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2SPD-007 Out of supply of chemotherapy injectable medicines over 9 months: patient impact
  1. F Charbonneau,
  2. Y Brasleret,
  3. MA Zilavec,
  4. C Naine,
  5. J Grimaux,
  6. G Svrcek
  1. Soissons Hospital Centre, Pharmacy Unit, Soissons, France


Background and importance For several years, healthcare facilities have noted an increase in out of supply medicines, including those in the oncology field.

Aim and objectives The aim of this study was to establish which chemotherapy injectable medicines were out of supply and determine the impact on patients.

Material and methods We took a census of chemotherapy injectable medicines out of supply between January and September 2019 from an Excel database indexing out of supply medicines, updated with information from laboratories or the national agency for medicines and healthcare product safety. Then, using patient files from Chimio and Easily software, we determined the patients affected by these out of supply medicines.

Results Three chemotherapeutic pharmaceutical specialities were identified as being out of supply in 2019: bleomycin, mitomycin (Ametycine) and docetaxel (Taxotere). Of the 285 patients treated by injectable chemotherapy in our healthcare facility, 7 were affected by these out of supply medicines and 1 patient was affected by 2 out of supply medicines.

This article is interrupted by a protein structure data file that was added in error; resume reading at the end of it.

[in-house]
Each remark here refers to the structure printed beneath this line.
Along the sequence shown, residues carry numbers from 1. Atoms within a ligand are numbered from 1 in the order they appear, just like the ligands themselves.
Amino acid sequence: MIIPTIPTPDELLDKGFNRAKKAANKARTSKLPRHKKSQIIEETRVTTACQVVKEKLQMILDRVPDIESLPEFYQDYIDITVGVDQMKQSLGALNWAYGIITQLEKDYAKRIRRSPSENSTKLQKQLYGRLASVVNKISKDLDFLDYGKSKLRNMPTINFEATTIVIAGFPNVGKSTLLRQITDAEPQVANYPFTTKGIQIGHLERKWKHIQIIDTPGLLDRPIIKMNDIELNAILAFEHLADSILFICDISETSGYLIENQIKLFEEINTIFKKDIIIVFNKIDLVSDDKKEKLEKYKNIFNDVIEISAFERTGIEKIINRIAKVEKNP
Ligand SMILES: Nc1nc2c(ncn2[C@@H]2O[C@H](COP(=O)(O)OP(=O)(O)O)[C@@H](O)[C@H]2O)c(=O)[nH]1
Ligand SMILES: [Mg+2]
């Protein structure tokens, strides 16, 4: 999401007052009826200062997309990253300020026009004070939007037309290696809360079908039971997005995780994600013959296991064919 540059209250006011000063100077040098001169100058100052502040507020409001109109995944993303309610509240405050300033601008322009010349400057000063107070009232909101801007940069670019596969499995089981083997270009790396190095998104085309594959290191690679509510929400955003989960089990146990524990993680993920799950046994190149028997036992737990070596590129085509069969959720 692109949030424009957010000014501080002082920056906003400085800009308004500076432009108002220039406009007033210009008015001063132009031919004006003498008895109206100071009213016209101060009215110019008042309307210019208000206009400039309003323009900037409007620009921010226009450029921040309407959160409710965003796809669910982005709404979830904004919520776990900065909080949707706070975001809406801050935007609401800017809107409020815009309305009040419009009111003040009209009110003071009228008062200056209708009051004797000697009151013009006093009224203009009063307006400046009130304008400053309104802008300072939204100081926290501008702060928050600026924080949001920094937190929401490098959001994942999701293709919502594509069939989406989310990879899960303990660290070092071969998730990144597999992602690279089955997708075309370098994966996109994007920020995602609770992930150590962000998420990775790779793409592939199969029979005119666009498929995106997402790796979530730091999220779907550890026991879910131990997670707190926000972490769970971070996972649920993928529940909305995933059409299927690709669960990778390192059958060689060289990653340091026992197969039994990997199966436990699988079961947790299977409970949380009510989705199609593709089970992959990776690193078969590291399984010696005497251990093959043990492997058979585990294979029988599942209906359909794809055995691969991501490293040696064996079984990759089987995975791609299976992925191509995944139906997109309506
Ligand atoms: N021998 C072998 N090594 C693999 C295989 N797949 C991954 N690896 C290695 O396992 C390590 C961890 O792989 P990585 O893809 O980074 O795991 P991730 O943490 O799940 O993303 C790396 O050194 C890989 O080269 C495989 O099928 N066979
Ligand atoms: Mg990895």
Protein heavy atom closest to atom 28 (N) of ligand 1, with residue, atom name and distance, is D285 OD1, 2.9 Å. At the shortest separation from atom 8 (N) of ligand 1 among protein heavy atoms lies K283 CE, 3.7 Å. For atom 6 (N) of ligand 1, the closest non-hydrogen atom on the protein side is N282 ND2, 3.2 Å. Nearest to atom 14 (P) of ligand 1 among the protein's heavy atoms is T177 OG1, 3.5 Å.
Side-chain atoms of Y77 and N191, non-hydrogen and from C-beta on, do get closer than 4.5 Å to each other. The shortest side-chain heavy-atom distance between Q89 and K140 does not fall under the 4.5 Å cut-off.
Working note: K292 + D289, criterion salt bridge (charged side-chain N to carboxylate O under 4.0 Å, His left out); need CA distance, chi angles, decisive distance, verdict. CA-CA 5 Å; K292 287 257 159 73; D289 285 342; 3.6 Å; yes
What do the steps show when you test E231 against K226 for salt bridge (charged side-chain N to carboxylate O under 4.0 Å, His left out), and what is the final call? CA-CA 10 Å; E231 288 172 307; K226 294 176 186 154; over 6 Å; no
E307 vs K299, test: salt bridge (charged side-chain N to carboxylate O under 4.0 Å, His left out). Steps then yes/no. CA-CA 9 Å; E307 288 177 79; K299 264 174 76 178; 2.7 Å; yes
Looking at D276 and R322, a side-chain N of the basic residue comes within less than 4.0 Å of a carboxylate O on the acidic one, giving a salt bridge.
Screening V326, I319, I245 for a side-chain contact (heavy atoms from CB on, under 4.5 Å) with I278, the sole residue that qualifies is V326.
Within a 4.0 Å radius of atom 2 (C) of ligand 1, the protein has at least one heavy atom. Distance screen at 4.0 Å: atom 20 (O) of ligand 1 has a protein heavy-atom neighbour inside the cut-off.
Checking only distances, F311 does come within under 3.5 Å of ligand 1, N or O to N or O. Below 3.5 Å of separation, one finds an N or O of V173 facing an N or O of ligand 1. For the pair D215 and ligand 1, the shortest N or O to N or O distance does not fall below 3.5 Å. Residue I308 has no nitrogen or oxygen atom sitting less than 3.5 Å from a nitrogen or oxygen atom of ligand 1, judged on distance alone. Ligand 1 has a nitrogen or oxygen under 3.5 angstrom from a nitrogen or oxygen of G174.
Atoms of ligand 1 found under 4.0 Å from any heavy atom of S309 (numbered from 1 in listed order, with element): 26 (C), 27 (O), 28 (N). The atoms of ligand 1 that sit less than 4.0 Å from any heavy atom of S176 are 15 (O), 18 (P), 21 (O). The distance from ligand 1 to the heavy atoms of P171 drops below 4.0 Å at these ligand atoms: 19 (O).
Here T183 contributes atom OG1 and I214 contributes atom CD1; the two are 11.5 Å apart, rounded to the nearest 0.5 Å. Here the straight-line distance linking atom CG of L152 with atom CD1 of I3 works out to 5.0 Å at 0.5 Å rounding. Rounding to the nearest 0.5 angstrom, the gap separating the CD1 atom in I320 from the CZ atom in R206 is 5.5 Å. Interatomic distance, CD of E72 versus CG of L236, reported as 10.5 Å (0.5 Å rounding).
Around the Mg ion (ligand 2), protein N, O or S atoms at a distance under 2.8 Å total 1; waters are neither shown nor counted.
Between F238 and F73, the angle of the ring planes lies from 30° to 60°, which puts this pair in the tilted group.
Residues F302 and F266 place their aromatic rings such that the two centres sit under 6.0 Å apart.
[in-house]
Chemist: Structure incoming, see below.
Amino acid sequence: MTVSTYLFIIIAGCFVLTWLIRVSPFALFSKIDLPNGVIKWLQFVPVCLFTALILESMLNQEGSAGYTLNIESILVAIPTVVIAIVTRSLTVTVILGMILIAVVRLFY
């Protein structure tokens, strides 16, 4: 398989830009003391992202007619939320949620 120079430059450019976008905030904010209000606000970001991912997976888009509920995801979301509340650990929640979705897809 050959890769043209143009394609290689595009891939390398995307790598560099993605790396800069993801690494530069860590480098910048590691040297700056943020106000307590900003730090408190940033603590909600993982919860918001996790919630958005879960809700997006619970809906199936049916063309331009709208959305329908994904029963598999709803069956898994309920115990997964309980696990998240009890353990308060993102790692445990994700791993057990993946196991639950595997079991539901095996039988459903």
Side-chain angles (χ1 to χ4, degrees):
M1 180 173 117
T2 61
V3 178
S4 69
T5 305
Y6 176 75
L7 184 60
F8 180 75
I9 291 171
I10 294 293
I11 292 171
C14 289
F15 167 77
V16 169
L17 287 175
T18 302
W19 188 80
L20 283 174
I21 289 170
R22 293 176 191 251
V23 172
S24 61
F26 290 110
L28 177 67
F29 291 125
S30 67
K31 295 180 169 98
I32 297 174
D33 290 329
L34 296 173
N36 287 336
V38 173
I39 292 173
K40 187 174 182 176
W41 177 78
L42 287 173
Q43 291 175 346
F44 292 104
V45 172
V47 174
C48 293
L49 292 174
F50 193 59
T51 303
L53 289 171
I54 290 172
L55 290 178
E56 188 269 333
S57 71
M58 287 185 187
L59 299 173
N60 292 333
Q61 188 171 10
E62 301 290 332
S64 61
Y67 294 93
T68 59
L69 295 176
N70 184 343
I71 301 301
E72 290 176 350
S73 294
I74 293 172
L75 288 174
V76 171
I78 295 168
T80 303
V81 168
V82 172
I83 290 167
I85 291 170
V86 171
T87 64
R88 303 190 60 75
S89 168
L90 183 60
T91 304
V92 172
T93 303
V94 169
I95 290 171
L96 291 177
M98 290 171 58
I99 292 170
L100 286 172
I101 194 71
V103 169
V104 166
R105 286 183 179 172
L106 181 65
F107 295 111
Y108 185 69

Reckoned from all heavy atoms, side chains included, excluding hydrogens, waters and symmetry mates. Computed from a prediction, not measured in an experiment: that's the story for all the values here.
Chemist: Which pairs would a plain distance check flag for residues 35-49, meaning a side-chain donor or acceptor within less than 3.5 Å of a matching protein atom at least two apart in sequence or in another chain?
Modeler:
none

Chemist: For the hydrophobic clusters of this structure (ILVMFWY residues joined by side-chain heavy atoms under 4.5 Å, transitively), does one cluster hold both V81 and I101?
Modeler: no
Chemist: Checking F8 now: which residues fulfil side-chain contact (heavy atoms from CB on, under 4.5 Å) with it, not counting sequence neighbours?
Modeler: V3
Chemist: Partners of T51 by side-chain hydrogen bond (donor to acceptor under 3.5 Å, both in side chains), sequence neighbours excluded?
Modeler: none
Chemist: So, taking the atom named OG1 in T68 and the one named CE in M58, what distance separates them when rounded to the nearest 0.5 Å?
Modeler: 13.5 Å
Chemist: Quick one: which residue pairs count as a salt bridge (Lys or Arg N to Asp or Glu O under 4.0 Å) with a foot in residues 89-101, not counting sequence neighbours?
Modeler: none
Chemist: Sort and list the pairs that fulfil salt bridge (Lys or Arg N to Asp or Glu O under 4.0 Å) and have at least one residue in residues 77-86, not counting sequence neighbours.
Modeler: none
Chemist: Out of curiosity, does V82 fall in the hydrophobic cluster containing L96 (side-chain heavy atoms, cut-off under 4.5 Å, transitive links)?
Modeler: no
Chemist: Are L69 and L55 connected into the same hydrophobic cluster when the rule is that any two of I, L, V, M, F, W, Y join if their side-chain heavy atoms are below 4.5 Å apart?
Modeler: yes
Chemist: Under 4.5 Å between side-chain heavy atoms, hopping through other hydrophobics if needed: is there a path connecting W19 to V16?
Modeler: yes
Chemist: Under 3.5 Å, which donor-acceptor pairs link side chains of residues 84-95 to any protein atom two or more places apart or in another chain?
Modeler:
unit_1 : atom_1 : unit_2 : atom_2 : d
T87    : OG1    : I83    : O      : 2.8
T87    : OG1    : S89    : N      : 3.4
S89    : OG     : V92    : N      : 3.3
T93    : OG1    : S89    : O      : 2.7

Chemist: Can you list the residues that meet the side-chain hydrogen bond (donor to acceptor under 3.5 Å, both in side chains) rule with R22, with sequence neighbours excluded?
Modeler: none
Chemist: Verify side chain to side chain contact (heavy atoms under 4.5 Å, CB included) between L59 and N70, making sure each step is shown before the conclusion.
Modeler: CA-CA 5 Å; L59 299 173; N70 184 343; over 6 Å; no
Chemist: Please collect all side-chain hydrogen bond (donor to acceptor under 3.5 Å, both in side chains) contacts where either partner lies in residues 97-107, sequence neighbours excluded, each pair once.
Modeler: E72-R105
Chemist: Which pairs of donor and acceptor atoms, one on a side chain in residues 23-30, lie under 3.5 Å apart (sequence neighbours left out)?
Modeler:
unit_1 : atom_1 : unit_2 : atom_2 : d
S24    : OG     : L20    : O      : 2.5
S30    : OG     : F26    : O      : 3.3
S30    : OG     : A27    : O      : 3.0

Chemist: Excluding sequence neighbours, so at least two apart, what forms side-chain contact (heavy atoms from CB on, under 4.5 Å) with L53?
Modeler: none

For bleomycin, two patients with ovarian cancer did not have an alternative. For mitomycin, the treatment of two patients with bladder cancer had been delayed for 7 days and one patient with anorectal squamous cell carcinoma (SCC) had to change his protocol. For docetaxel, two patients (one with prostate cancer and one with anorectal SCC) did not have an alternative and one patient with prostate cancer had to change his protocol.

Conclusion and relevance The out of supply of chemotherapy injectable medicines requires patients to adapt to the treatment when the treatment should adapt to the patient. The out of supply medicines lead to loss of hope for patients, even if it is hard to quantify. One of the consequences is that we have to explain to patients why the treatment is different from the one initially planned and sometimes it can be difficult to reassure them. We can ask the question if there will be a decline in the quality of care of certain cancers in the coming years facing more and more regular out of supply medicines, sometimes with no alternative for the patient.

References and/or acknowledgements No conflict of interest.

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